By Sui-Lee Wee
BEIJING (Reuters) - A young Tibetan who vanished two decades ago after he was chosen by the Dalai Lama as the second-highest figure in Tibetan Buddhism is "living a normal life" and does not want to be disturbed, a senior Chinese official said on Sunday.
The remarks are a rare admission of the fate of Gendun Choekyi Nyima, now 26, who was six years old when he was taken away after exiled spiritual leader the Dalai Lama named him as the Panchen Lama.
This year marks the 20th anniversary of the disappearance of Gendun Choekyi Nyima, whose fate remains of deep concern to many Tibetans.
"The reincarnated child Panchen Lama you mentioned is being educated, living a normal life, growing up healthily and does not wish to be disturbed," said Norbu Dunzhub, a member of the Tibet Autonomous Region's United Front Work Department, in response to a question from Reuters at a press conference.
He denounced the Dalai Lama for declaring the boy as the reincarnation of the Panchen Lama, saying the selection "ignored historical customs and destroyed religious rituals".
"The identification was done without authorization. It was illegal and invalid," Norbu Dunzhub said.
Though officially atheist, the Chinese Communist Party has long maintained that Gendun Choekyi Nyima is not the real Panchen Lama. In 1995, in a bid to win the hearts and minds of the Tibetans, the government selected Gyaltsen Norbu as the 11th Panchen Lama. He is reviled by many Tibetans as a fake.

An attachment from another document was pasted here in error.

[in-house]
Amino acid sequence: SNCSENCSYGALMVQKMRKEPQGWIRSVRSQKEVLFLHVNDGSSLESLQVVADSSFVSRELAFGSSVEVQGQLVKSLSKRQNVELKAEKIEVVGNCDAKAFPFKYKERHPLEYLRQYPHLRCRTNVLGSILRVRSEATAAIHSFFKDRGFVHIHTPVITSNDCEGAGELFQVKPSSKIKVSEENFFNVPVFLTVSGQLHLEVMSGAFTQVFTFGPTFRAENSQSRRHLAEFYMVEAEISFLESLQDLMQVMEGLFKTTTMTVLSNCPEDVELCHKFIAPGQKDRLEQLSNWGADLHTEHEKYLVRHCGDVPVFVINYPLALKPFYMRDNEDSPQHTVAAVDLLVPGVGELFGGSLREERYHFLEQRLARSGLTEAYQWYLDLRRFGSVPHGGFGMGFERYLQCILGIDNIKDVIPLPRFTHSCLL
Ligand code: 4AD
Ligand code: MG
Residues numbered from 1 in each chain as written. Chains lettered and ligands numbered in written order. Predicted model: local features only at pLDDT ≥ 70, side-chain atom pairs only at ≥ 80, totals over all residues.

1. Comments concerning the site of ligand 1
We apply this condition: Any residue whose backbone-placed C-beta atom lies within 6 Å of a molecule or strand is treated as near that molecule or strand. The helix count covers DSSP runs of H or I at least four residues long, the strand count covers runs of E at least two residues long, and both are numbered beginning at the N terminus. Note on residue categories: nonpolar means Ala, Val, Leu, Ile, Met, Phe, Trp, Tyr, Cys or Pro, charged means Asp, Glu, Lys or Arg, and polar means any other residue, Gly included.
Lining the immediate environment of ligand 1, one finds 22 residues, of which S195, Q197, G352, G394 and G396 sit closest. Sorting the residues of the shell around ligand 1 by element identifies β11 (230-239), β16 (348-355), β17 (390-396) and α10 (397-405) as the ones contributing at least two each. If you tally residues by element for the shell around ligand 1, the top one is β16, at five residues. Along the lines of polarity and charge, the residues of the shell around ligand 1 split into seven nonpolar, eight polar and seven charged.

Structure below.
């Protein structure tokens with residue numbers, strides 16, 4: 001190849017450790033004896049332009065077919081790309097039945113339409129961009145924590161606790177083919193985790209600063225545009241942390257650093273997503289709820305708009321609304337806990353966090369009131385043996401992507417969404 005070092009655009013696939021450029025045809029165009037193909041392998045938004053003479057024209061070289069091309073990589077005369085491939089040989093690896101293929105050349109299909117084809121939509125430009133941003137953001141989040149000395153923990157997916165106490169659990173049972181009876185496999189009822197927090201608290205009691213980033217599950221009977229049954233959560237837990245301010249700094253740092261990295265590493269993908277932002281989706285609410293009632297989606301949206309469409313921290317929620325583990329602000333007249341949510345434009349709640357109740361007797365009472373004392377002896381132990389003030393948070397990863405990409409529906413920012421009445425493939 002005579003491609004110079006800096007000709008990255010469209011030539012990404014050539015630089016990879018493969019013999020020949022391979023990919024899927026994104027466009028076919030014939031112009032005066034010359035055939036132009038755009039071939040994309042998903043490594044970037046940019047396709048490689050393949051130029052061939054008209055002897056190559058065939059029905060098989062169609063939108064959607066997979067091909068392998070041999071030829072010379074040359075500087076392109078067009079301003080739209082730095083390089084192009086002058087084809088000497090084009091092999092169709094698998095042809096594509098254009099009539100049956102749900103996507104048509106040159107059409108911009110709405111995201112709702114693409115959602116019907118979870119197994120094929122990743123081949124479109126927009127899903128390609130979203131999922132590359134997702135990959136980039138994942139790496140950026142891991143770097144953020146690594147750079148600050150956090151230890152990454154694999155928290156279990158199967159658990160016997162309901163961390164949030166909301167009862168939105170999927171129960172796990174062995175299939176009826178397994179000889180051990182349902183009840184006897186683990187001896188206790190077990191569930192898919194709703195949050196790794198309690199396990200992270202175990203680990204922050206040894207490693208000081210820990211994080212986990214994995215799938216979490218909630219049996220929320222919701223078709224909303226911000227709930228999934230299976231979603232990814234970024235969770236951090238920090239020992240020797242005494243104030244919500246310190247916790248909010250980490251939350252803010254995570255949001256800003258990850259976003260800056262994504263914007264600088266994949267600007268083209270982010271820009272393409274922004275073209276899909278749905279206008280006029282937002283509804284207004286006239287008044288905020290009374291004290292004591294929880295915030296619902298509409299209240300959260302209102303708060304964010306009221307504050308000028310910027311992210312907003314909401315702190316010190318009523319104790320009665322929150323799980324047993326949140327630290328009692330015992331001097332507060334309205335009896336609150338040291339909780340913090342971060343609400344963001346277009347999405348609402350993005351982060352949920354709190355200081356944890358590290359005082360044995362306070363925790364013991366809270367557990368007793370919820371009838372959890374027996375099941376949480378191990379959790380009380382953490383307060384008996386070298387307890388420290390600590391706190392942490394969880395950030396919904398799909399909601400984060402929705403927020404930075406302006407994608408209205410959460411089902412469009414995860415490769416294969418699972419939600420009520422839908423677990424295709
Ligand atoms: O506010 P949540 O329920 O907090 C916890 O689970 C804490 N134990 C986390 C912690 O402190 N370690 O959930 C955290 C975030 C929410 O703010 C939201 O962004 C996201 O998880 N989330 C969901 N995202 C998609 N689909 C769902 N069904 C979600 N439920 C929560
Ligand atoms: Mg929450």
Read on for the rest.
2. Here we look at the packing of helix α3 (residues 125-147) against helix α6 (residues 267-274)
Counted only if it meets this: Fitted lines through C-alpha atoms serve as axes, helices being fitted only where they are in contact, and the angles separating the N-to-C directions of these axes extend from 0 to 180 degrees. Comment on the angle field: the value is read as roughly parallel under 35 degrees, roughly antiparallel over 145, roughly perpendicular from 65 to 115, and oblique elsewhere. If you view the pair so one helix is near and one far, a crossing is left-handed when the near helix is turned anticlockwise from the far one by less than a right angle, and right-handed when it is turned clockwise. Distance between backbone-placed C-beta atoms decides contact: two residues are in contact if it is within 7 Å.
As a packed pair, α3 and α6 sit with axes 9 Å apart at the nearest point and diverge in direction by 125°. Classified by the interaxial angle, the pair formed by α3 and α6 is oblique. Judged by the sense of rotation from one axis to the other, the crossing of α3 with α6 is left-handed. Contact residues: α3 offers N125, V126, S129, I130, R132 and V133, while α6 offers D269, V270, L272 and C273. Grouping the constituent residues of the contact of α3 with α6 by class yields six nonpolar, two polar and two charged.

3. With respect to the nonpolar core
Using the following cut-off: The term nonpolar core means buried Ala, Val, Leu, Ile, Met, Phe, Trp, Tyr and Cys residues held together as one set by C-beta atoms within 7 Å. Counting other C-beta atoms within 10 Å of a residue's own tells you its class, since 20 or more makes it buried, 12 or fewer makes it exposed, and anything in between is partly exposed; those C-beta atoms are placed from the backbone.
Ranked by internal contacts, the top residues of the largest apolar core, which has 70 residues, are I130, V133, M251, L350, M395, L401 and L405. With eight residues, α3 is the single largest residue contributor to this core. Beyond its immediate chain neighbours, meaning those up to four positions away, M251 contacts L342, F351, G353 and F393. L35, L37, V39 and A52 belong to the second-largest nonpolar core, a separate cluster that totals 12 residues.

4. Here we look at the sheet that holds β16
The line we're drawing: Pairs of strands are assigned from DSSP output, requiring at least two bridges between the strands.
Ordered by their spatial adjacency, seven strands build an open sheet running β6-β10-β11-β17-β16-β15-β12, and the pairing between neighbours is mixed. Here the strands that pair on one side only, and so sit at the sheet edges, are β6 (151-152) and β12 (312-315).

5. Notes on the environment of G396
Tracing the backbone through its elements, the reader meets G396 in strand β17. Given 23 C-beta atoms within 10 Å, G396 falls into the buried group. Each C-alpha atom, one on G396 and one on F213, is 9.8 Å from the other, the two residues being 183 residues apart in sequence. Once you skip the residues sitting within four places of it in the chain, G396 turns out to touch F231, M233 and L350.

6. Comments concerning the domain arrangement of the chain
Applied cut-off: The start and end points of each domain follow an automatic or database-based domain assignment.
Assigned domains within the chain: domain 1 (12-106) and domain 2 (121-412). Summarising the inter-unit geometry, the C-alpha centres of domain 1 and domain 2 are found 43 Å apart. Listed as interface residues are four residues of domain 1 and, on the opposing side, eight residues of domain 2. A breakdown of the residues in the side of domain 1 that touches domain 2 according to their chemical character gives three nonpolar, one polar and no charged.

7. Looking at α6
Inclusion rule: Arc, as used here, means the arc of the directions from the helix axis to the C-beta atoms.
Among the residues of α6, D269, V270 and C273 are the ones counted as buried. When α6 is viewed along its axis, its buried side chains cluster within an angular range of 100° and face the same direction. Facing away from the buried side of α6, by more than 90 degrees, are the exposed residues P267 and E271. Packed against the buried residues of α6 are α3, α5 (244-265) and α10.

The Dalai Lama and China have repeatedly tussled over who has final authority on the issue of reincarnation. Tibetans fear that China will use the issue of the Dalai Lama's succession to split Tibetan Buddhism, with one new Dalai Lama named by exiles and one by the government after his death.
"No matter what the Dalai Lama says or does, the central government's recognized rights toward reincarnation cannot be denied," Norbu Dunzhub said.
In a policy document on the "Successful Practice of Regional Ethnic Autonomy in Tibet", the government condemned the Dalai Lama for "plotting toward Tibetan independence".
The Dalai Lama denies seeking independence, saying he only wants genuine autonomy for Tibet, something he calls the Middle Way. Beijing believes that concept is merely a smokescreen for independence.
Chinese troops marched into Tibet in 1950. Activists say China has violently tried to stamp out religious freedom and culture in Tibet. China rejects the criticism, saying its rule has ended serfdom and brought development to a backward region.
(Reporting by Sui-Lee Wee; Editing by Himani Sarkar)